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Isaac Snowman (British, 1874-1947) Footsteps  44 1/2 x 28in (113 x 71cm) image 1
Isaac Snowman (British, 1874-1947) Footsteps  44 1/2 x 28in (113 x 71cm) image 2
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Thumbnail of Isaac Snowman (British, 1874-1947) Footsteps  44 1/2 x 28in (113 x 71cm) image 2
Lot 35W
Isaac Snowman
(British, 1874-1947)
Footsteps 44 1/2 x 28in (113 x 71cm)
3 May 2017, 14:00 EDT
New York

US$60,000 - US$80,000

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Isaac Snowman (British, 1874-1947)

signed 'I.Snowman' (lower right)
oil on canvas
44 1/2 x 28in (113 x 71cm)


Christopher Wood, London;
Edward G. Robinson, Los Angeles;
Sale, Sotheby's, New York, 18 April 2007, lot 57;
with Kurt E. Schon, Ltd., New Orleans.

London, Royal Academy, 1901, #30.
Odessa, Texas, Ellen Noel Museum of Art, Where Will You Travel Next?-Destinations in Paintings, November 2012-February 2013; Albany, New York, Albany Museum of Art, January-April 2014; Allentown, Pennsylvania, Allentown Museum of the Lehigh Valley, June-September 2014; Scranton, Pennsylvania, Everhart Museum of Natural History, Science & Art, February-June 2015; Lakeland, Florida, Polk Museum of Art, July-December 2015.

The Windsor Magazine, An Illustrated Monthly for Men and Women, vol. XX, London, June-November 1904, illustrated on the frontispiece.
James Allen Scott, Where Will You Travel Next? Destinations in Paintings, 2011, p. 161, illustrated.

When Footsteps was exhibited at the Royal Academy in 1901, young Isaac Snowman had already achieved a great measure of early fame. A year-long study in Paris in the ateliers of William Bouguereau and Benjamin Constant culminated with one of his works being accepted at the 1897 Salon, after which he returned to London to complete his studies at the Royal Academy school. The young artist made a name for himself by painting society portraits and genre paintings that were well received by the public.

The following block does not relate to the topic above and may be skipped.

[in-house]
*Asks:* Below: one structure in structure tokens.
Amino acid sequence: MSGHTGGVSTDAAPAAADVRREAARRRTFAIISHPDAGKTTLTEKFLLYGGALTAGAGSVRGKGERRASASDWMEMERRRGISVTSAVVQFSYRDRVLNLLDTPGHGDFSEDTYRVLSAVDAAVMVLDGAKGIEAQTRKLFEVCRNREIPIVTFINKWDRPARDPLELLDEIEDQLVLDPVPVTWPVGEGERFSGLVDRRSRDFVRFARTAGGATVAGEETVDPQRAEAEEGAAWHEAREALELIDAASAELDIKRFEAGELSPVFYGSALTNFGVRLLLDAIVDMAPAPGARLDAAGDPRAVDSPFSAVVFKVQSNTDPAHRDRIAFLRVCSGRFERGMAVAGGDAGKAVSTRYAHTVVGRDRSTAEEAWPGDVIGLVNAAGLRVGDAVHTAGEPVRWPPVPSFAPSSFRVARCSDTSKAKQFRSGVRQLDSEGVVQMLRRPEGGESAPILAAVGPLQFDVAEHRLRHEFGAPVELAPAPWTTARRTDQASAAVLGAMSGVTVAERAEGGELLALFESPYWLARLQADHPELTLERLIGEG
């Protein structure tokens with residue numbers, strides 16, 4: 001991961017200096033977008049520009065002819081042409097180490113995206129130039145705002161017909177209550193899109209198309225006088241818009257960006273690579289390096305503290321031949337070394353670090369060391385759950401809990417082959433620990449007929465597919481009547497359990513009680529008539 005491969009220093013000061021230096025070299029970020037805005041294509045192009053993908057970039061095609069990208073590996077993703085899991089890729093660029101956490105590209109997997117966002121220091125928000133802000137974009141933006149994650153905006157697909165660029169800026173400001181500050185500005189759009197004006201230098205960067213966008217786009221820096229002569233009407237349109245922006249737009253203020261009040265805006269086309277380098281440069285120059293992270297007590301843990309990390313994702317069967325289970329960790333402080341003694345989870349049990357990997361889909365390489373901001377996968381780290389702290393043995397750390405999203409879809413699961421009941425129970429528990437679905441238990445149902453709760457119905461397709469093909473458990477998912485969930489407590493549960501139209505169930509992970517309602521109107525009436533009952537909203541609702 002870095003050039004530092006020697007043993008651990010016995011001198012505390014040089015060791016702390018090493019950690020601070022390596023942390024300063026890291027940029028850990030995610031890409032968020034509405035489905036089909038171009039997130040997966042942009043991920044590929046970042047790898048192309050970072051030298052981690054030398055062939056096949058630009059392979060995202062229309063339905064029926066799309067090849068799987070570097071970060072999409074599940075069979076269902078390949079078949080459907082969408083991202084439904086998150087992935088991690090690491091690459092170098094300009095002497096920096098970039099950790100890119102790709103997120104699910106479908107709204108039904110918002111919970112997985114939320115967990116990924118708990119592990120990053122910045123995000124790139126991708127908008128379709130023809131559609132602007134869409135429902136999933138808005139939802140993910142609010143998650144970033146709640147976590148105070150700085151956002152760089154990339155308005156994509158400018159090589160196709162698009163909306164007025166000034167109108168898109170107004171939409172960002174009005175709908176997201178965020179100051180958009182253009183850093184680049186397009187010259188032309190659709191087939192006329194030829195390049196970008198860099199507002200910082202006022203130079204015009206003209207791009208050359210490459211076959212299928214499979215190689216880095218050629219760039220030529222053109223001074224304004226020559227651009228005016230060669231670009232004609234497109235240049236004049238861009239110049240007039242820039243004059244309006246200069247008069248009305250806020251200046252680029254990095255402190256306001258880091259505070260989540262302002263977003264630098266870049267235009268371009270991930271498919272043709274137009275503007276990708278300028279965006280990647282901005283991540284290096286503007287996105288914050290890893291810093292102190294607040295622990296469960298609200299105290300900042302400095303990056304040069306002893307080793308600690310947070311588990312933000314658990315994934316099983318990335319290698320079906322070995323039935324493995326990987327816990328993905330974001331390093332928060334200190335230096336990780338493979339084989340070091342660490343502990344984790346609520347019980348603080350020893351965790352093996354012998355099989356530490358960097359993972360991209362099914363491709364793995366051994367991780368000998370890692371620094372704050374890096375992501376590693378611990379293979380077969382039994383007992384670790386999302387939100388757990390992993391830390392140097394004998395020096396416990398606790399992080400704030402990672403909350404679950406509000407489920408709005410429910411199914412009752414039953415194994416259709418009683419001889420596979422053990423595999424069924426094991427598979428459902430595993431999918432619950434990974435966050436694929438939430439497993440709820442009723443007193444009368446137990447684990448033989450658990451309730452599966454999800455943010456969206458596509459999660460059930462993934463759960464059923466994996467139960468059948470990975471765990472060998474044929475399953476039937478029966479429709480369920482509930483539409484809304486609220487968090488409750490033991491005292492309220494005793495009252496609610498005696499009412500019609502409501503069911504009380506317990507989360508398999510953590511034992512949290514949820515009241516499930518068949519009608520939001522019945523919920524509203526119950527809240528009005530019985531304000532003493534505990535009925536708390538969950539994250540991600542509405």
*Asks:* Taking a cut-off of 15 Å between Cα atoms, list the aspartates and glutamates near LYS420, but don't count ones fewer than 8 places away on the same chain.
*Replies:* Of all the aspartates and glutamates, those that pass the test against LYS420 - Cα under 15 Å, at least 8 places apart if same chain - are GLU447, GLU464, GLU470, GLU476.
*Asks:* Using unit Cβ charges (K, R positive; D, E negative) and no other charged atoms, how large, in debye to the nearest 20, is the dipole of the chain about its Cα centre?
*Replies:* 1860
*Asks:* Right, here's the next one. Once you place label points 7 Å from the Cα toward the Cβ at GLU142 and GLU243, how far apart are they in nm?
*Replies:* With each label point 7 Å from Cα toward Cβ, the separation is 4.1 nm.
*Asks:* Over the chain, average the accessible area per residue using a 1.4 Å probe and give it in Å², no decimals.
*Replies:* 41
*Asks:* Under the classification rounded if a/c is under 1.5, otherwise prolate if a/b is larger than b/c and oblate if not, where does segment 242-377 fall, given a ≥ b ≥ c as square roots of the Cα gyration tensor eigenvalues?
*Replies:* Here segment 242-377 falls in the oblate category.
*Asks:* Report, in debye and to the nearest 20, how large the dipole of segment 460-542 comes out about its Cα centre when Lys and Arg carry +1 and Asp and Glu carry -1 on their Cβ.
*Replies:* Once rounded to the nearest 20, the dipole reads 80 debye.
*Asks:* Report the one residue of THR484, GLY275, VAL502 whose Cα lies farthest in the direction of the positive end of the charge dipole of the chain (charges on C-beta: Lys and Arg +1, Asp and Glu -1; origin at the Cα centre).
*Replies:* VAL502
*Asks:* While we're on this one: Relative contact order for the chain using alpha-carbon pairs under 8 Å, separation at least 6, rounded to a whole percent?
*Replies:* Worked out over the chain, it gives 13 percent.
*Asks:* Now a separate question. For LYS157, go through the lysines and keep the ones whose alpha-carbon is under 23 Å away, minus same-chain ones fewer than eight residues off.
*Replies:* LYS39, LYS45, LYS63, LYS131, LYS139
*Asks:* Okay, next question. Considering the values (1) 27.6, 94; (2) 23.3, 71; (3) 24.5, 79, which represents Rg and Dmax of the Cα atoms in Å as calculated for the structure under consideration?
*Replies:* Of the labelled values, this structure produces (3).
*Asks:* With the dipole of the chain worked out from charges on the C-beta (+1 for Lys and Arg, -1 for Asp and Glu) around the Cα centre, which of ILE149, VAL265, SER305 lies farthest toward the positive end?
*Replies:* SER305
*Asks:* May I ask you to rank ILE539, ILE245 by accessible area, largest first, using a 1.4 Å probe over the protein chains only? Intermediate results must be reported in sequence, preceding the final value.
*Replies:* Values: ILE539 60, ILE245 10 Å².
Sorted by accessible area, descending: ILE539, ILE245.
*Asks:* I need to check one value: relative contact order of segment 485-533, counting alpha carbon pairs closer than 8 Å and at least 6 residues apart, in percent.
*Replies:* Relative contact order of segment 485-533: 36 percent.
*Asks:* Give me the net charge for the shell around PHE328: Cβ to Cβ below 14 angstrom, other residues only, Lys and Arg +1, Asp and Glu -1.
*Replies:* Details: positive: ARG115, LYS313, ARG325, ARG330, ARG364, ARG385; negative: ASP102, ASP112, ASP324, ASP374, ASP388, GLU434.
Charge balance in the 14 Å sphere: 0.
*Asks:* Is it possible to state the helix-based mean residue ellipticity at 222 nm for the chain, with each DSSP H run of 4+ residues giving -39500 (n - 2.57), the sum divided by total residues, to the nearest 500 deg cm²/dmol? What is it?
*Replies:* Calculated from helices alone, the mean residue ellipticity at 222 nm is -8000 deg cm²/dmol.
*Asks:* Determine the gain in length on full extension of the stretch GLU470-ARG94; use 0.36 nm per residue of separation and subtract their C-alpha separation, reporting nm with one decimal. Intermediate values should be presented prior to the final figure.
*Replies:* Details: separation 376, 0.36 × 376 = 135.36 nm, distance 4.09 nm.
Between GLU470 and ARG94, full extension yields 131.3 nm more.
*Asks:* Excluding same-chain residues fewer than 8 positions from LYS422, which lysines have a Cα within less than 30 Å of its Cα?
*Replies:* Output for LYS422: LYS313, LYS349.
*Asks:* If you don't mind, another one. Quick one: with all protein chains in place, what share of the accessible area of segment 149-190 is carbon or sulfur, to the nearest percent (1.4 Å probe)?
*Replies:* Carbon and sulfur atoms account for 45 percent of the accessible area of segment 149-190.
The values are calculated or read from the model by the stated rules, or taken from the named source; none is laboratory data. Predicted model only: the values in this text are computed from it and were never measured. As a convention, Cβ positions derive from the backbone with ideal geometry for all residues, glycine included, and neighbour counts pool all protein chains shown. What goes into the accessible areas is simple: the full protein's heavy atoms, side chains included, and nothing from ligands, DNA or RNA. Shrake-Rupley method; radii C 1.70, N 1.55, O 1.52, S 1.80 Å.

That same year, Snowman and friends embarked on a trip to Jerusalem that spurned the artist to create a series of paintings with Jewish subjects. Furthermore, he joined the cause of his fellow Jewish compatriots by being a founding member of the group of the Maccabaens, who sought to promote the interests of Jews and the Zionist movement.

Around the turn of the century, Snowman's most popular paintings were of young mothers and their children, all dressed in the most fashionable outfits. In an article for The Windsor Magazine, Snowman admits to finding his sitters in the wealthy neighborhood of West Hampstead, near his studio, where local schools supplied him with an endless stream of mothers and children. The parents's vanity is evident, as the artist's requests to paint them were never met with objections (op. cit.).

In Footsteps, an elegantly dressed young woman is peering over her shoulder towards the approaching footsteps that visibly interrupt her reading of the letter she is holding in her hand. The comfortable setting in the sun-dappled garden with a beautifully appointed tea table under a large tree acts as an invitation to the viewer to actively engage in the unfolding scene.

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